When the U.S. Food and Drug Administration approved the most recent respiratory syncytial virus (RSV) vaccine on August 21, it became the first vaccine that had been developed specifically to be given during pregnancy to protect the baby after birth to receive the go-ahead. But it’s not the first vaccine that the Centers for Disease Control and Prevention has recommended during pregnancy. It joins shots for influenza, Tdap (tetanus, diphtheria and pertussis) and COVID—and is part of a strategy of immunizing people during pregnancy that has gained steam and accumulated supporting evidence in the past two decades.
Expectant people will have a choice of how to protect their newborn against RSV. They can opt to get the new parental RSV vaccine between 32 and 36 weeks of pregnancy—which will prompt their immune system to develop antibodies against RSV that will cross the placenta to the fetus and thereby protect the newborn through passive immunity for at least six months. Or they can wait until after their baby is born and give them nirsevimab, a monoclonal antibody that was approved by the FDA in July, which also provides passive immunity ahead of RSV season.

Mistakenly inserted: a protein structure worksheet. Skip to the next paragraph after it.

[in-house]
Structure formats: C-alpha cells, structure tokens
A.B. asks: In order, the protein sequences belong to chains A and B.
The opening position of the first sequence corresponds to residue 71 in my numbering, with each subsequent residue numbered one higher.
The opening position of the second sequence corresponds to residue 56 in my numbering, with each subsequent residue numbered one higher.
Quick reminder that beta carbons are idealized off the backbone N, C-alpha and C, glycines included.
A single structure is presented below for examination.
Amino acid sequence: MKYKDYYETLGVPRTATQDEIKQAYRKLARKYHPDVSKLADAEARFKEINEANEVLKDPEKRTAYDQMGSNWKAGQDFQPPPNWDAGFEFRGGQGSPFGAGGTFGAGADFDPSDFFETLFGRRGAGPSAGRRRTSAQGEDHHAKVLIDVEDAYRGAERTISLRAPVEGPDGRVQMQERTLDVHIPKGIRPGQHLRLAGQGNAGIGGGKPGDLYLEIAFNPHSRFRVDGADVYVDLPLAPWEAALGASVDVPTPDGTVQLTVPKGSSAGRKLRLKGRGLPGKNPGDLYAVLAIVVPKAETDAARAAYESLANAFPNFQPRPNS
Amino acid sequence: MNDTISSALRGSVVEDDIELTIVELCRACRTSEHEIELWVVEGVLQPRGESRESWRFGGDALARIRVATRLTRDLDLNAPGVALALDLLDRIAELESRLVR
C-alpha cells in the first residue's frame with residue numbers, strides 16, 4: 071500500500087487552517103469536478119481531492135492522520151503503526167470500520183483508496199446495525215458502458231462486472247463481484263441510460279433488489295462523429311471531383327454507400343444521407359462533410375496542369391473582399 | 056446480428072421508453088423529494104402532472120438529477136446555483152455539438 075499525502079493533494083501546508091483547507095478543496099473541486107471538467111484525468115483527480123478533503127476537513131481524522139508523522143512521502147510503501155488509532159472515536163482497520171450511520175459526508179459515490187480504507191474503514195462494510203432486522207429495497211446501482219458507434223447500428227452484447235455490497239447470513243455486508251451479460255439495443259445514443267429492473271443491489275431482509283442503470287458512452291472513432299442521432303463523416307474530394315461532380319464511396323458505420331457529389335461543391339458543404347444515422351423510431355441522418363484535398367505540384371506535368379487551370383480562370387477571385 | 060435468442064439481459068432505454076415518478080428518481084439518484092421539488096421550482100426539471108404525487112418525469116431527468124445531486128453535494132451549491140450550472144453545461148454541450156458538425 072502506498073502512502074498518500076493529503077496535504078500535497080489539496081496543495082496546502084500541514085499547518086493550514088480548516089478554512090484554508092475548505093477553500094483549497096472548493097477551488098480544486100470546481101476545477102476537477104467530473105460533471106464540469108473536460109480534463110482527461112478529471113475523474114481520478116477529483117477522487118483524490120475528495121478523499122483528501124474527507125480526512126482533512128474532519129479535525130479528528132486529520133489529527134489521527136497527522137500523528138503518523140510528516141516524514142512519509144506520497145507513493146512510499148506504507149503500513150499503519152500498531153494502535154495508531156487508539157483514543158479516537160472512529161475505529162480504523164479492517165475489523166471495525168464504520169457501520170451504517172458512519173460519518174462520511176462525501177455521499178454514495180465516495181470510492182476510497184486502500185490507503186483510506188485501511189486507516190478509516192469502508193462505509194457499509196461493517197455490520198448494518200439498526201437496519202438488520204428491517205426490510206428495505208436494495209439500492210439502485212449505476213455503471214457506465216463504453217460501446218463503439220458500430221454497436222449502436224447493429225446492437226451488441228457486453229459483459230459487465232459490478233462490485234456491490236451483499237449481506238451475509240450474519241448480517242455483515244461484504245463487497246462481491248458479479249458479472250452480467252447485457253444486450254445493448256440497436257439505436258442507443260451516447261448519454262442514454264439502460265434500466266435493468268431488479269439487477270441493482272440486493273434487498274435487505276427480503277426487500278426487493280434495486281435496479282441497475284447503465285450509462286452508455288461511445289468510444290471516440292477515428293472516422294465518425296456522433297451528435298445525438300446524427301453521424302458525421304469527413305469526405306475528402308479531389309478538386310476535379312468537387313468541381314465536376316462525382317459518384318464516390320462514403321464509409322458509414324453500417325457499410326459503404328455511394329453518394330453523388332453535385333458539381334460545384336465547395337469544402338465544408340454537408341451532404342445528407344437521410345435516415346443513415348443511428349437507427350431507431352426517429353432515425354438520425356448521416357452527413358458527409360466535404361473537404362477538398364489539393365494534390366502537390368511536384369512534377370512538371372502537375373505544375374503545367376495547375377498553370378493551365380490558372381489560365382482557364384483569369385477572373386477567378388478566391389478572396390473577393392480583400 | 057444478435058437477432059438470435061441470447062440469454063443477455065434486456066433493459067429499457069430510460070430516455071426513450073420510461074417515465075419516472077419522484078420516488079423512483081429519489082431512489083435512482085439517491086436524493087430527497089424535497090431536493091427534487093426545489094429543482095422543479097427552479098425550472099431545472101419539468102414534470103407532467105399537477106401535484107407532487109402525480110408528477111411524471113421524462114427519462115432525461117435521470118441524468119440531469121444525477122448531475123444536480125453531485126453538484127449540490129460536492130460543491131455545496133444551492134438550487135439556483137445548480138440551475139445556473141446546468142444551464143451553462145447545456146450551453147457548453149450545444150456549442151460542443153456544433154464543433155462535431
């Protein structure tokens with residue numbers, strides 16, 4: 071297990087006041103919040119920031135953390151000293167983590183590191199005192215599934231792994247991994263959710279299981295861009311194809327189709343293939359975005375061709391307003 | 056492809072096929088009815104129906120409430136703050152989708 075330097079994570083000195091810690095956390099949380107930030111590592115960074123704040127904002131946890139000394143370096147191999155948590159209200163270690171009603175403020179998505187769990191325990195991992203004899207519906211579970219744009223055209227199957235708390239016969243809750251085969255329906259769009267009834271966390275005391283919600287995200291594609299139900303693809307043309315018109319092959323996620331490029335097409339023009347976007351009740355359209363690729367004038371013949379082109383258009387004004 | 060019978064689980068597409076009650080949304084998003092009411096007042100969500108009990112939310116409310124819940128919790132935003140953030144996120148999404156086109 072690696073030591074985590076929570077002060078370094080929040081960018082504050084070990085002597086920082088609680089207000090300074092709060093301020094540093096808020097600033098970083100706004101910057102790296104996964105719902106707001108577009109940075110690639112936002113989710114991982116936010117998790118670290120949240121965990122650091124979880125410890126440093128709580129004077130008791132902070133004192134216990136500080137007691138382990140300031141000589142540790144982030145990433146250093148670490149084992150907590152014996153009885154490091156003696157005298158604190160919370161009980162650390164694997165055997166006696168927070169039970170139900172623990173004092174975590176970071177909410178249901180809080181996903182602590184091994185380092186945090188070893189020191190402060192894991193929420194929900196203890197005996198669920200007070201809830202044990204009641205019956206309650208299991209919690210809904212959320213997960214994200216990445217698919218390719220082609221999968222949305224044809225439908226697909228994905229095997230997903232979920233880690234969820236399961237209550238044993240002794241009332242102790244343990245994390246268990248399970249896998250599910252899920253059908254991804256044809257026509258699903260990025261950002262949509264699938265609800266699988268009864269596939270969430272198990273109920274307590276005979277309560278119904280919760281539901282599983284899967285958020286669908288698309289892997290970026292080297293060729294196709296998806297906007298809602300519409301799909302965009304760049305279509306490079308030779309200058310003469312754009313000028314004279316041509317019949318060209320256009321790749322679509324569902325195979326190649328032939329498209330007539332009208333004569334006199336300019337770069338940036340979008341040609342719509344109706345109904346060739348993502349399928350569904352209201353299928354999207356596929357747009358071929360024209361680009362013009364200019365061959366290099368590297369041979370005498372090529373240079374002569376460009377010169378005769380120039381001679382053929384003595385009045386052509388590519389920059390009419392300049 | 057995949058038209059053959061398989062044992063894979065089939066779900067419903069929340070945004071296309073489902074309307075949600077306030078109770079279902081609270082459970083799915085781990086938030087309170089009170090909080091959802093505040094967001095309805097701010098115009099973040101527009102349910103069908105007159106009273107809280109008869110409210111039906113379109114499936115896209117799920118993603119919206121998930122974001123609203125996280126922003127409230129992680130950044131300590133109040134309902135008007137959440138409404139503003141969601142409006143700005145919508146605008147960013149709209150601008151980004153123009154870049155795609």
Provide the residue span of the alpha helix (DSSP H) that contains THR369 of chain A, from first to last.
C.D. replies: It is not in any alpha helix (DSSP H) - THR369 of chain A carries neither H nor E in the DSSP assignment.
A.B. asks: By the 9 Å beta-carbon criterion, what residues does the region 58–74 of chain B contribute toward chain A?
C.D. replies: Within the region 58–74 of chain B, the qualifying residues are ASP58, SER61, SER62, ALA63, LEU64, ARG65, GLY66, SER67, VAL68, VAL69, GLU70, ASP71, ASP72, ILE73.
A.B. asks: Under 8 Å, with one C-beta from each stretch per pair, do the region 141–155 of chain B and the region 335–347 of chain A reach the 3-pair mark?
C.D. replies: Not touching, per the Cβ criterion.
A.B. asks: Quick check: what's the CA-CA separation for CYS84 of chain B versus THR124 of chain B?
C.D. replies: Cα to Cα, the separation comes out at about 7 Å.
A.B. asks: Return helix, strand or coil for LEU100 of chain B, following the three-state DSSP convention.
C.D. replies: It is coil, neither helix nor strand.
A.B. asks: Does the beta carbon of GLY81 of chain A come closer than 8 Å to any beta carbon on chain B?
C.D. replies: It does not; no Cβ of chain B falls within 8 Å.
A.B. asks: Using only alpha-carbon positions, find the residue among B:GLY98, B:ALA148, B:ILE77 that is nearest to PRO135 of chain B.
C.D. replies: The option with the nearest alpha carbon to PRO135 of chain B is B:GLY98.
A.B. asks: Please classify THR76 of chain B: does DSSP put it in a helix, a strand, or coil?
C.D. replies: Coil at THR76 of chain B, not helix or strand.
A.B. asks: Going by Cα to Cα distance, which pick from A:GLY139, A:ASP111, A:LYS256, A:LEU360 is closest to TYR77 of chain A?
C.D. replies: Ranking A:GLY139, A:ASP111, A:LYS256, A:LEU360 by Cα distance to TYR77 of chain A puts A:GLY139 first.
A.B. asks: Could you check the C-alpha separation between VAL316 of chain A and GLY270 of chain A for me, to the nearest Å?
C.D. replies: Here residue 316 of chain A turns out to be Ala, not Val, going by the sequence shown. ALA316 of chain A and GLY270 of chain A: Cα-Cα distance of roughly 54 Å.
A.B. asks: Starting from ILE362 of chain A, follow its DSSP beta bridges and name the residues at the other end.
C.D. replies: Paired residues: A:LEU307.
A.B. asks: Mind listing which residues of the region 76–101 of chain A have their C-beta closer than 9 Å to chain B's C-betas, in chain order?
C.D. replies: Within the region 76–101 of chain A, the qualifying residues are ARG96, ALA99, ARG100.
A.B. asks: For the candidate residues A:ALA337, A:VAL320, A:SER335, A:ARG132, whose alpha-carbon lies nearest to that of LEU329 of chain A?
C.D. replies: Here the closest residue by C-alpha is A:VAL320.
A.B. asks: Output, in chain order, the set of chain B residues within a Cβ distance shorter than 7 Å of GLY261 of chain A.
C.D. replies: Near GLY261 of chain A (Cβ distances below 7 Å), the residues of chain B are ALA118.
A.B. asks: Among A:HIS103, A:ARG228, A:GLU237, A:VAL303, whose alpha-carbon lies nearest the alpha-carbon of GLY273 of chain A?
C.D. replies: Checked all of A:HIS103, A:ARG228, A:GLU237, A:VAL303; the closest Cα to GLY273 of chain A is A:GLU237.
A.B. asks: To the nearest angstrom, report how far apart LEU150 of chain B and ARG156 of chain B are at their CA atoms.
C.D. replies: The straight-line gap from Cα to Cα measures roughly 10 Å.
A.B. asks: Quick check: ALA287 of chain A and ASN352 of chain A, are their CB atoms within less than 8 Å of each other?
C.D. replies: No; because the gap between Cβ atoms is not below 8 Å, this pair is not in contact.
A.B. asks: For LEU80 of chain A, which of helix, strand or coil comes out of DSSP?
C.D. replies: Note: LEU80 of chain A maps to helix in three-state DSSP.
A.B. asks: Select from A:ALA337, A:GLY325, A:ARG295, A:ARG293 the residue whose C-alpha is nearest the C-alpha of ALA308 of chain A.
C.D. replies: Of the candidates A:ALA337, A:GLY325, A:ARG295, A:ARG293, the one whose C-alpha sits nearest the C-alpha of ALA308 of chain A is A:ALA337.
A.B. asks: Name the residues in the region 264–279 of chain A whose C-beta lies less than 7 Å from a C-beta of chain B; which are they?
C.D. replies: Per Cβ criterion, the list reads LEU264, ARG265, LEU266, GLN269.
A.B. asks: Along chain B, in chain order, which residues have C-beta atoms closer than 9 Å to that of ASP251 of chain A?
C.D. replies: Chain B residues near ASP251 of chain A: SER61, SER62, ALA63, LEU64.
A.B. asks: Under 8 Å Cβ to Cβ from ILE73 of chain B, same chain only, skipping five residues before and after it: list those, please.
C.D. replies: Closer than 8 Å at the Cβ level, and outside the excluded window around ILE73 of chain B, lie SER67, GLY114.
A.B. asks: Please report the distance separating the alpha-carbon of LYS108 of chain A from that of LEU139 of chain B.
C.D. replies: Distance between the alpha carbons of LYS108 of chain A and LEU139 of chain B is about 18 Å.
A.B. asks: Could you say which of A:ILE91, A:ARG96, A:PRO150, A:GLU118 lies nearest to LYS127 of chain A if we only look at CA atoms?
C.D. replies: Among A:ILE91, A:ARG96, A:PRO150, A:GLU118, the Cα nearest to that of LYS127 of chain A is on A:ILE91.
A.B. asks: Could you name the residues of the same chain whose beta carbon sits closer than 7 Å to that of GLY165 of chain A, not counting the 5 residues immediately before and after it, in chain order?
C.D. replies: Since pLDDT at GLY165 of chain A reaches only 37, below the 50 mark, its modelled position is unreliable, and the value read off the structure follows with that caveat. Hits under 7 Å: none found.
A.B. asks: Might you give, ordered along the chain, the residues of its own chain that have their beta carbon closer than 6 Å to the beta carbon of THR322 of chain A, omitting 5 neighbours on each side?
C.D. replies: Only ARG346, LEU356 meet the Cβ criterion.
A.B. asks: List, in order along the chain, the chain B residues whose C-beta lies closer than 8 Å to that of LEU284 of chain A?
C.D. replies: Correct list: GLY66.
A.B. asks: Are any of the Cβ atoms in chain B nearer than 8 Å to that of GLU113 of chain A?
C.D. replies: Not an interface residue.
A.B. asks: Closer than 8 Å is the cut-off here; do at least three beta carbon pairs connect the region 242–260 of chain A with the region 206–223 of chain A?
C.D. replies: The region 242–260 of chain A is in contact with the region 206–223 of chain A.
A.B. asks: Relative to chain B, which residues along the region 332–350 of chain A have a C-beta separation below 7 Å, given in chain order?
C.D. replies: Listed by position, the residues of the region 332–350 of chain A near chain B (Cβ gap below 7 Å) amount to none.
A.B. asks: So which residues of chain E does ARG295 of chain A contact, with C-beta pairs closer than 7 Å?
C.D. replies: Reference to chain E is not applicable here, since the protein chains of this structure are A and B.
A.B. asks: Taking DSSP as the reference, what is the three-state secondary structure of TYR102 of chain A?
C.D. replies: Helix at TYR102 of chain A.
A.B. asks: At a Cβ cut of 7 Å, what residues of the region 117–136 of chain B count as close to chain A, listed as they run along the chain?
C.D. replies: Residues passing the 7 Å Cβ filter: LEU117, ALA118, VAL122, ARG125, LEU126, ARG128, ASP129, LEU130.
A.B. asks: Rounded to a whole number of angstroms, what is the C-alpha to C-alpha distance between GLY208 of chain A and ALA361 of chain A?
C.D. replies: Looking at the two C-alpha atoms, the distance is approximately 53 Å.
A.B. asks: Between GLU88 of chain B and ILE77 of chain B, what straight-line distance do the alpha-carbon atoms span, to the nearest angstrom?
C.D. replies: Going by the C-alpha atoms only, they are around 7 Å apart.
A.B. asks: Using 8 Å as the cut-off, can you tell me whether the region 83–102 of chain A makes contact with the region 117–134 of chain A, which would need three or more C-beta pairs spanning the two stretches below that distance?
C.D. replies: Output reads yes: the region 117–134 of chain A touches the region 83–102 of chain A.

But the option of a pregnancy vaccine for RSV may be more convenient if one is already getting vaccinated against flu, COVID and pertussis during prenatal visits. And the new vaccine further solidifies the growing acceptance of using immunization during pregnancy to protect newborns against diseases at an age when their immune system is not mature enough to mount its own defense.
“The neonatal immune system is comparatively immature, and it takes time to develop immunity to pathogens, either through vaccination—because multiple doses are needed to achieve protection—or through natural exposure,” says Catherine Mary Healy, an associate professor of pediatrics at Baylor College of Medicine and Texas Children’s Hospital. “And sometimes the infection can strike before [childhood] vaccination.”
Many infections happen right around the time of birth, before most vaccines are given, says Kathryn Edwards, a professor of pediatrics and scientific director of Vanderbilt University’s Vaccine Research Program. “But when you immunize the mother, you protect the mother from a disease that she could present to the baby, and you protect the baby against disease. So it’s a twofer—one shot but with the protection of two.”
A History of Extra Caution
It took a rocky half-century of research to bring the RSV vaccine to fruition, but it’s taken more than twice as long for pregnancy vaccines to become widely accepted by the public and by researchers and clinicians.